By CAPosts 02 December, 2020 - 09:42am 60 views
One of the games between the champion Fan Hui and the 'AlphaGo' program.Deepmind
An artificial intelligence system developed by Google has solved a good part of one of the most important problems in biology. The neural networks developed by the Deepmind company, owned by the technology giant, have shown in an international competition that their calculation and prediction capacity is far superior to that of any human and even to that of any other artificial intelligence system created by humans.
“It's a revolution”, acknowledges Alfonso Valencia, one of the leading experts in biocomputing in Spain and a member of the technical jury of the CASP competition, English acronym for techniques for predicting protein structures. "The most important thing that this advance leaves us is knowing that this problem [that nobody had solved since it was formulated 50 years ago] has a solution, that it is possible to solve it."
The protein folding problem is considered as the second code secret of life. Deepmind had already beaten humans in chess and the very complicated Go , for example, but this has always been its priority problem to solve.
To understand its importance, you have to start with the first code of life, in this case: the genome , which contains all the information to form any living being. A person is a genomic sequence of 3 billion letters, each in its correct position. In those letters are all the instructions to make proteins: that they are the true workers of life in charge of someone being able to breathe, move, think, live. The basic structure of the genetic code is two-dimensional but the proteins that it forms are three-dimensional, like the difference between the plan of a house and the real house.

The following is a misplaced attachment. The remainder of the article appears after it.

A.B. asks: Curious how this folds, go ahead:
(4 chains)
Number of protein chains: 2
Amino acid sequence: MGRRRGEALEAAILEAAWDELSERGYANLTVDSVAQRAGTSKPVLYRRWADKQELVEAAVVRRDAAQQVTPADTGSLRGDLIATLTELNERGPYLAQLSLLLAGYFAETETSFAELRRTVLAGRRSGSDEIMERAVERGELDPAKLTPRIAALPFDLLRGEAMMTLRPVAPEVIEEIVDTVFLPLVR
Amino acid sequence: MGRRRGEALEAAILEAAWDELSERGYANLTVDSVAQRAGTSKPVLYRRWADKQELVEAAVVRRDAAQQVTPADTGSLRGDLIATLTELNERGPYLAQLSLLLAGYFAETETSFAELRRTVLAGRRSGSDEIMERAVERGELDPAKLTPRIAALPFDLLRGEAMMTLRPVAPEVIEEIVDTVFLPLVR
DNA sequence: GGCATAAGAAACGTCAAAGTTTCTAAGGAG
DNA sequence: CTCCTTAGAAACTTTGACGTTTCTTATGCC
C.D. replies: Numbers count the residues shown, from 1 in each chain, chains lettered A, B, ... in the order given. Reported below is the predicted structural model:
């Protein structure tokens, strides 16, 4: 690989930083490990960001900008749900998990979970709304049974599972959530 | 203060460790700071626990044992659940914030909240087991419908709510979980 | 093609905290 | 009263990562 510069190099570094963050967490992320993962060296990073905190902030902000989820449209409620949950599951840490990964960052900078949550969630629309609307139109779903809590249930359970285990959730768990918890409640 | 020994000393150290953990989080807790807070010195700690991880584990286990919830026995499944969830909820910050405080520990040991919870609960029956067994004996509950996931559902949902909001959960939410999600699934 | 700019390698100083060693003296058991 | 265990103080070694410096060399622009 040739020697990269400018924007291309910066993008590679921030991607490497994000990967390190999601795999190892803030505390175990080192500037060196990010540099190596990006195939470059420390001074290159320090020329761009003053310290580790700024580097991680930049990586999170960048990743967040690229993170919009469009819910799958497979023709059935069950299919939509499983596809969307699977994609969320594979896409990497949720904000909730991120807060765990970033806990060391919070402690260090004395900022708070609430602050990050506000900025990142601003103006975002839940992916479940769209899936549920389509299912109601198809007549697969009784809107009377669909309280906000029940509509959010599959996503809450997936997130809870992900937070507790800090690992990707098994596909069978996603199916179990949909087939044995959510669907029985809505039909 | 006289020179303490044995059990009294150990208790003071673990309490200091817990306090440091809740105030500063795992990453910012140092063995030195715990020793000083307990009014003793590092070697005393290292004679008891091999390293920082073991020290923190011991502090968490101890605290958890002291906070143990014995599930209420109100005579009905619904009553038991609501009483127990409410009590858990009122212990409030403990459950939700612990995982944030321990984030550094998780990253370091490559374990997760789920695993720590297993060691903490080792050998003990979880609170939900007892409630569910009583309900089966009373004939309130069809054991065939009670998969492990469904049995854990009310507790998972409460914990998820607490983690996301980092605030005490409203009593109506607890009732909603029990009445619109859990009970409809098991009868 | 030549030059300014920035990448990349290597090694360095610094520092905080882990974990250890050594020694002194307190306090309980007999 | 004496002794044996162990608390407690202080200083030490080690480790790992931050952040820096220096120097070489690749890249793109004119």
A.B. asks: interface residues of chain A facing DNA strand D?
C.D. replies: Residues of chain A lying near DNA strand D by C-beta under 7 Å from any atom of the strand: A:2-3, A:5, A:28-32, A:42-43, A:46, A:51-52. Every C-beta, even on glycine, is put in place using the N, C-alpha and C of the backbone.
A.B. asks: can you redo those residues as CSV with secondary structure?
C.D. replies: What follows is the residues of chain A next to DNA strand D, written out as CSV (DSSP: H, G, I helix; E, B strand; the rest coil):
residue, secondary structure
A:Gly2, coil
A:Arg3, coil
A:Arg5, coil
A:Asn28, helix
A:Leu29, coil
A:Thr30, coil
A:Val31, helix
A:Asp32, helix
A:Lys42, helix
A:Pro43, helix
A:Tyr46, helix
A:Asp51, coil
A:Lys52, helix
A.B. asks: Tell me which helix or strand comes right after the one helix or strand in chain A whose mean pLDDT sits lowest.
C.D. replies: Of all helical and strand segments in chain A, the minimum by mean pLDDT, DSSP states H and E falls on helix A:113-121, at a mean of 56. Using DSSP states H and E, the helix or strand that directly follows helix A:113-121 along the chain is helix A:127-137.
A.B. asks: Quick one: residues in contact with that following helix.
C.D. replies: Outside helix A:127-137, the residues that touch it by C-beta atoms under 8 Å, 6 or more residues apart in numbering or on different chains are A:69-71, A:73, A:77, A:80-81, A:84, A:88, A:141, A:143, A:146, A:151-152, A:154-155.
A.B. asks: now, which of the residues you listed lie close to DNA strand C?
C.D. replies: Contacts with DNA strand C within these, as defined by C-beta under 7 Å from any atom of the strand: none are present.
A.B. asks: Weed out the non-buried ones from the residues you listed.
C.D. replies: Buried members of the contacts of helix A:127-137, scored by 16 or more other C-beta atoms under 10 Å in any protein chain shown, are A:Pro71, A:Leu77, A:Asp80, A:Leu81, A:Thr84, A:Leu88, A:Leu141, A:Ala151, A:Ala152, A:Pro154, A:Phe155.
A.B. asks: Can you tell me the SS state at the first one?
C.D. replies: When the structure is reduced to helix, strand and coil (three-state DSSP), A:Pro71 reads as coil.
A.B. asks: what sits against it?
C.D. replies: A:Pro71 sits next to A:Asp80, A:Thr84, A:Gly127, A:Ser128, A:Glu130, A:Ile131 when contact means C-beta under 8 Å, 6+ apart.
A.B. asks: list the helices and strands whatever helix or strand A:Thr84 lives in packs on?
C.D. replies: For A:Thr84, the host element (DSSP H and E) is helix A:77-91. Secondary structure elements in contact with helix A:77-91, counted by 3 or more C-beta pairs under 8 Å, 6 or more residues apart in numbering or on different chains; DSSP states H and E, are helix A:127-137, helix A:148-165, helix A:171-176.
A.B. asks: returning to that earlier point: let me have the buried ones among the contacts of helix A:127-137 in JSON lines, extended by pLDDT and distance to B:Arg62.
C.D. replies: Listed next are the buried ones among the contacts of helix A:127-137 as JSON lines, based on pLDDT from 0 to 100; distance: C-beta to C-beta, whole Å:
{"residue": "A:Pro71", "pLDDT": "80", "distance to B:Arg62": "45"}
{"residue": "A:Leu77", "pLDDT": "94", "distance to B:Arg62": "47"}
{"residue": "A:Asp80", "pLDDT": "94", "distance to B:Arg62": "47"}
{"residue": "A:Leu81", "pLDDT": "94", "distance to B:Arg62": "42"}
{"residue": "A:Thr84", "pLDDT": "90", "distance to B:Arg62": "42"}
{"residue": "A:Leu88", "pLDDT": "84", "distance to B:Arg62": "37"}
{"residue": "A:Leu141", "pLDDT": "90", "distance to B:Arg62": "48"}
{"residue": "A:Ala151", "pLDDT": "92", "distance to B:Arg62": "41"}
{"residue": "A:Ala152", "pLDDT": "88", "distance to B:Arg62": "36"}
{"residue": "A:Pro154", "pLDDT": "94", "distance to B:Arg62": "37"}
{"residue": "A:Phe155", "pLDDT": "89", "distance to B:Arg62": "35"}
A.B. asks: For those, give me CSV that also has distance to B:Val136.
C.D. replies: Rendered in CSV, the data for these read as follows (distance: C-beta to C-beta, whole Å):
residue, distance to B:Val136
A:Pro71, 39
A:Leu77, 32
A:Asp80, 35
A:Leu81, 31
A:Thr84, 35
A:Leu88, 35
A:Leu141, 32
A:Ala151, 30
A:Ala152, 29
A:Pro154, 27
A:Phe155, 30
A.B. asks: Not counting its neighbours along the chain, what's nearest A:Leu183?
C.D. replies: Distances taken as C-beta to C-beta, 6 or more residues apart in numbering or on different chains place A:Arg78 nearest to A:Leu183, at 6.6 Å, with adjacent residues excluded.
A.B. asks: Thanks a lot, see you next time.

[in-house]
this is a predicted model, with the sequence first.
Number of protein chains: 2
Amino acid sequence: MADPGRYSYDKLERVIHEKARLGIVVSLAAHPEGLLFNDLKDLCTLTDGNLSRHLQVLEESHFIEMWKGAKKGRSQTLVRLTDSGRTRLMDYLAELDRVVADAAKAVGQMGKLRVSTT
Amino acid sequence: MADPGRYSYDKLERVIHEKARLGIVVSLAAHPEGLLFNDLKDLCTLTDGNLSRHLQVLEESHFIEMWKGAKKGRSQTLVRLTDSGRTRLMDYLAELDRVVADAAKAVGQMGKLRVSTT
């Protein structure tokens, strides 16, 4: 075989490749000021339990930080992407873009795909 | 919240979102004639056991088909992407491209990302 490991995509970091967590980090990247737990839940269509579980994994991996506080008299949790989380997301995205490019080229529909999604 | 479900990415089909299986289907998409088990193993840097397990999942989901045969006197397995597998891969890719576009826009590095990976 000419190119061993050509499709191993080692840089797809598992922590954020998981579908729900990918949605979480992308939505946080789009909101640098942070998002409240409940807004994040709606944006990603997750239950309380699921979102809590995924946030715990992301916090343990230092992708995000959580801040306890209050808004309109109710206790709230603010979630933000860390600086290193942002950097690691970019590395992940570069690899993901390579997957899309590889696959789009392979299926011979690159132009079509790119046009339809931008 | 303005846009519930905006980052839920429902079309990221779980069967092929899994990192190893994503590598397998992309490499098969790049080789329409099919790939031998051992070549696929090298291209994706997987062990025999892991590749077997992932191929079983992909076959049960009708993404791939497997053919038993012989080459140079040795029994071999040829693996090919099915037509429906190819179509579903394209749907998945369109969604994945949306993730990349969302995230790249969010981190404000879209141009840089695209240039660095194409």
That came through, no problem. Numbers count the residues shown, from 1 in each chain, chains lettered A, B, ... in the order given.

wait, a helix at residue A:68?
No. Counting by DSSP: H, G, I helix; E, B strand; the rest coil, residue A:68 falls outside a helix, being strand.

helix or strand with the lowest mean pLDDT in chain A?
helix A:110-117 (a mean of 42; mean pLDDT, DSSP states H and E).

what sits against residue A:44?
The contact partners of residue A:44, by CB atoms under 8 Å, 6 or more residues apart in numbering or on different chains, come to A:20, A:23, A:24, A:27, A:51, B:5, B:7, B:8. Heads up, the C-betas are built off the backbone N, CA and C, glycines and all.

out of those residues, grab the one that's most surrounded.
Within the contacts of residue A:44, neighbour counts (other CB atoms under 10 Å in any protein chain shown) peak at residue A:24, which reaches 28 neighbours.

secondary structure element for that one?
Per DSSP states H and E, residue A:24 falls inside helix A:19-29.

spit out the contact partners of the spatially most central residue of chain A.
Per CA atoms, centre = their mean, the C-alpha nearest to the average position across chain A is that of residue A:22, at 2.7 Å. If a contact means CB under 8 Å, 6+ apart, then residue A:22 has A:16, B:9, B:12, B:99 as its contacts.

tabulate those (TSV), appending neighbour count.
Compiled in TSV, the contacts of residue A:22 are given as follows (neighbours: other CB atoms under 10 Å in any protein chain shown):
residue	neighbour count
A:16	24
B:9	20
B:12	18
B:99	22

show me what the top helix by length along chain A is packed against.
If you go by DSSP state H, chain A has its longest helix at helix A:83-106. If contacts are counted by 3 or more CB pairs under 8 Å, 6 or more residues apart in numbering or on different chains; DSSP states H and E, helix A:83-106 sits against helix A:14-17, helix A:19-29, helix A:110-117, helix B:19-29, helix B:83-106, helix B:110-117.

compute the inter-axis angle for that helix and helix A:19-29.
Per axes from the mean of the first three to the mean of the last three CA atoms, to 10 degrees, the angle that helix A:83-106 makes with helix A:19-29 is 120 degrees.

One of the major scientific milestones of this pandemic has been to know the structure of the protein of the new coronavirus that fits exactly into another protein in human cells to take over. Badly constructed proteins, misfolded on themselves, are the cause of such terrible diseases as Alzheimer's, Parkinson's and many others.
In 1972, the Nobel Prize in Chemistry Christian Anfinsen postulated that the amino acid sequence of a protein [its blueprint ] had to predict the shape it would take. But figuring out all the possible configurations of a single protein can take more than 13.7 billion years - the age of the universe.
In the CASP contest Deepmind competed with 100 other teams to be the best at predicting the shape of 100 proteins based on their sequence. of amino acids. Google's artificial intelligence has swept. His system, Alphafold, has correctly predicted the structure of two-thirds of all proteins with a resolution equivalent to that of conventional methods based on crystallography and microscopy, which require machines of around eight million euros and sometimes years or decades of work. .
It is a result never before achieved by any human team or any other artificial intelligence. The margin of error of Google's predictions is equivalent to the diameter of a single atom, explains Deepmind, which already won the previous edition in 2018.